In a new study published in the journal eLife, Nicole King and her team at the University of California, Berkeley, are recapitulating the move from unicellular life to multicellular life using choanoflagellates and bacteria, says Not Exactly Rocket Science's Ed Yong. In working with the choanoflagellates — which normally live as single cells — King and her team found that the cells tend to form colonies when exposed to a molecule called RIF-1, which is produced by some bacteria eaten by choanoflagellates. This, Yong says, leads the researchers to believe that evolution was aided by the bacteria early organisms were exposed to.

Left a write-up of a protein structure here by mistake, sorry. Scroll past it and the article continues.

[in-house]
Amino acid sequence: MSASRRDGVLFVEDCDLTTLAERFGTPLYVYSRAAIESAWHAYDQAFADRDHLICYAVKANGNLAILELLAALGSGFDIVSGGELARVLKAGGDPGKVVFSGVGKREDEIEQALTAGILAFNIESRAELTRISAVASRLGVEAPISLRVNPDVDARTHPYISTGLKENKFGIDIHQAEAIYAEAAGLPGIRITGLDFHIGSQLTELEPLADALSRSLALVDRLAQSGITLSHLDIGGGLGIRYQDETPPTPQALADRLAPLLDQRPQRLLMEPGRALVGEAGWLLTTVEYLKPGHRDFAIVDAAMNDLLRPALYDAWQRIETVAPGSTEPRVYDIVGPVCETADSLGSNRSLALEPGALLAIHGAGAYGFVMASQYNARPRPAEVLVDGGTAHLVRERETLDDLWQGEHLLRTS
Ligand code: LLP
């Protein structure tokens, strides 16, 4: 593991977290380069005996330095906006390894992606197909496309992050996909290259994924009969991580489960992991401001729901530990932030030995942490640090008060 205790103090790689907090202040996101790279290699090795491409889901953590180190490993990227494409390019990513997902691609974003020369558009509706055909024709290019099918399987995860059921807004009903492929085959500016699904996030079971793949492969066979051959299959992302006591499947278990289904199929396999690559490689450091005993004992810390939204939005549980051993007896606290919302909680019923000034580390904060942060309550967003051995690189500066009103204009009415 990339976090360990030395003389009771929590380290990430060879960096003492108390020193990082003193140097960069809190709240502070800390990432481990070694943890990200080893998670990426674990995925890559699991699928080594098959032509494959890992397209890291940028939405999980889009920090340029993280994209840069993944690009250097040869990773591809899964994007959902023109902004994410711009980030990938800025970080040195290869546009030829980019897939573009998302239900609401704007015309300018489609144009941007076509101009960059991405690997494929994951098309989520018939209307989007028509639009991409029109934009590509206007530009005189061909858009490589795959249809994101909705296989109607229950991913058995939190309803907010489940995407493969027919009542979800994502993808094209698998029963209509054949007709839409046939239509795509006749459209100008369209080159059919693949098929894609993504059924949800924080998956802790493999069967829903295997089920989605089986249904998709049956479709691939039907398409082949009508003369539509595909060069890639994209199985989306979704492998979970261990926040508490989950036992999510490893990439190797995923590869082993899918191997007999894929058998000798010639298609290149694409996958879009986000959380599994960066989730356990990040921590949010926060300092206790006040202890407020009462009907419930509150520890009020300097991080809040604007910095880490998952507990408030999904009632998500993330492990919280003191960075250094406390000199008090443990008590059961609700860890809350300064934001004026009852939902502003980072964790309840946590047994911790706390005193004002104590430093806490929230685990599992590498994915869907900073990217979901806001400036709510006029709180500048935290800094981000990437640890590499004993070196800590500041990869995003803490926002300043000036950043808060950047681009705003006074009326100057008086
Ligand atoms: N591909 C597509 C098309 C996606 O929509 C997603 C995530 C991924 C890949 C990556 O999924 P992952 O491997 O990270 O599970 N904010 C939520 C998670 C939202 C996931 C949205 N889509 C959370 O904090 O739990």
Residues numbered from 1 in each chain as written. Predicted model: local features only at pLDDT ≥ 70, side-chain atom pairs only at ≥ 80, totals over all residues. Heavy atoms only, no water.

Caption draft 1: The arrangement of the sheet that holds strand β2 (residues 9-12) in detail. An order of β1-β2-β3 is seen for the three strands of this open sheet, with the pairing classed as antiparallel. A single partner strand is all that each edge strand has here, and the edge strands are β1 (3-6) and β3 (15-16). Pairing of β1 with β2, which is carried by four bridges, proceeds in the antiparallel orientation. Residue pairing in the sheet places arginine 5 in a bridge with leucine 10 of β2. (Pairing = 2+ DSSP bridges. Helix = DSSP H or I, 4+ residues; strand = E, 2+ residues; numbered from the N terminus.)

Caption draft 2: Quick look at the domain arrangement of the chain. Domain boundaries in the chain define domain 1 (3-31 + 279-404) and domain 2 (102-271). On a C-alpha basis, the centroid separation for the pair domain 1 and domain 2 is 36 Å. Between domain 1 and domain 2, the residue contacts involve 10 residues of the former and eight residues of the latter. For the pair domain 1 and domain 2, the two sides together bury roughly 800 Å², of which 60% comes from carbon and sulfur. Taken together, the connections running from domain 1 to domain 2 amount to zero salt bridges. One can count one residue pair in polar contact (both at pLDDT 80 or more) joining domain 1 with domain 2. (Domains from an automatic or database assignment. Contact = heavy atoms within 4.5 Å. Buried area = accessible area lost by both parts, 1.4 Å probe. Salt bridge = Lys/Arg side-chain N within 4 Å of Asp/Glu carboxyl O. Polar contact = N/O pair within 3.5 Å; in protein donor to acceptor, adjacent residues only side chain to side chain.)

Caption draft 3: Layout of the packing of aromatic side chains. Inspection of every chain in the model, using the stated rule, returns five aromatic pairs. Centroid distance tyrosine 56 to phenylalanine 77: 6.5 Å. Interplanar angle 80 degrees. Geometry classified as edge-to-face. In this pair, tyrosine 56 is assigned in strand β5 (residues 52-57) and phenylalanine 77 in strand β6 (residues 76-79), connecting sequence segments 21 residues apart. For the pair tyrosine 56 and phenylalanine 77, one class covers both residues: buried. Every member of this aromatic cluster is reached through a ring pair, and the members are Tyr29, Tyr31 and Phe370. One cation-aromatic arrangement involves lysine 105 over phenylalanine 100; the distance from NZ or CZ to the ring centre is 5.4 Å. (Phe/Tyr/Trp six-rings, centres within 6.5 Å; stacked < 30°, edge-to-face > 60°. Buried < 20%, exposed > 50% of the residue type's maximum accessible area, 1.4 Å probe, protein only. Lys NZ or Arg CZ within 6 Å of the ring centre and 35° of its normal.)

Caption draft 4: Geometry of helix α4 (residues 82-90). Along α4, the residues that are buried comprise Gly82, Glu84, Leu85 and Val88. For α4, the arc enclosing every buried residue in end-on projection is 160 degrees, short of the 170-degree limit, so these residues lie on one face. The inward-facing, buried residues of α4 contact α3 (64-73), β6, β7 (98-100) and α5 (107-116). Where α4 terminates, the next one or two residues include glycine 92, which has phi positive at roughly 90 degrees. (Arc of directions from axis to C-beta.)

King's team worked for years to determine how and why choanoflagellates form colonies — something that had been observed, but never explained. So they decided to sequence the genome of the choanoflagellate Salpingoeca rosetta, and found that the bacteria the cells had been fed with had inserted some of their own genes into the cells, Yong says. Now, he adds, the researchers believe that molecules like RIF-1 may have influenced evolutionary biology.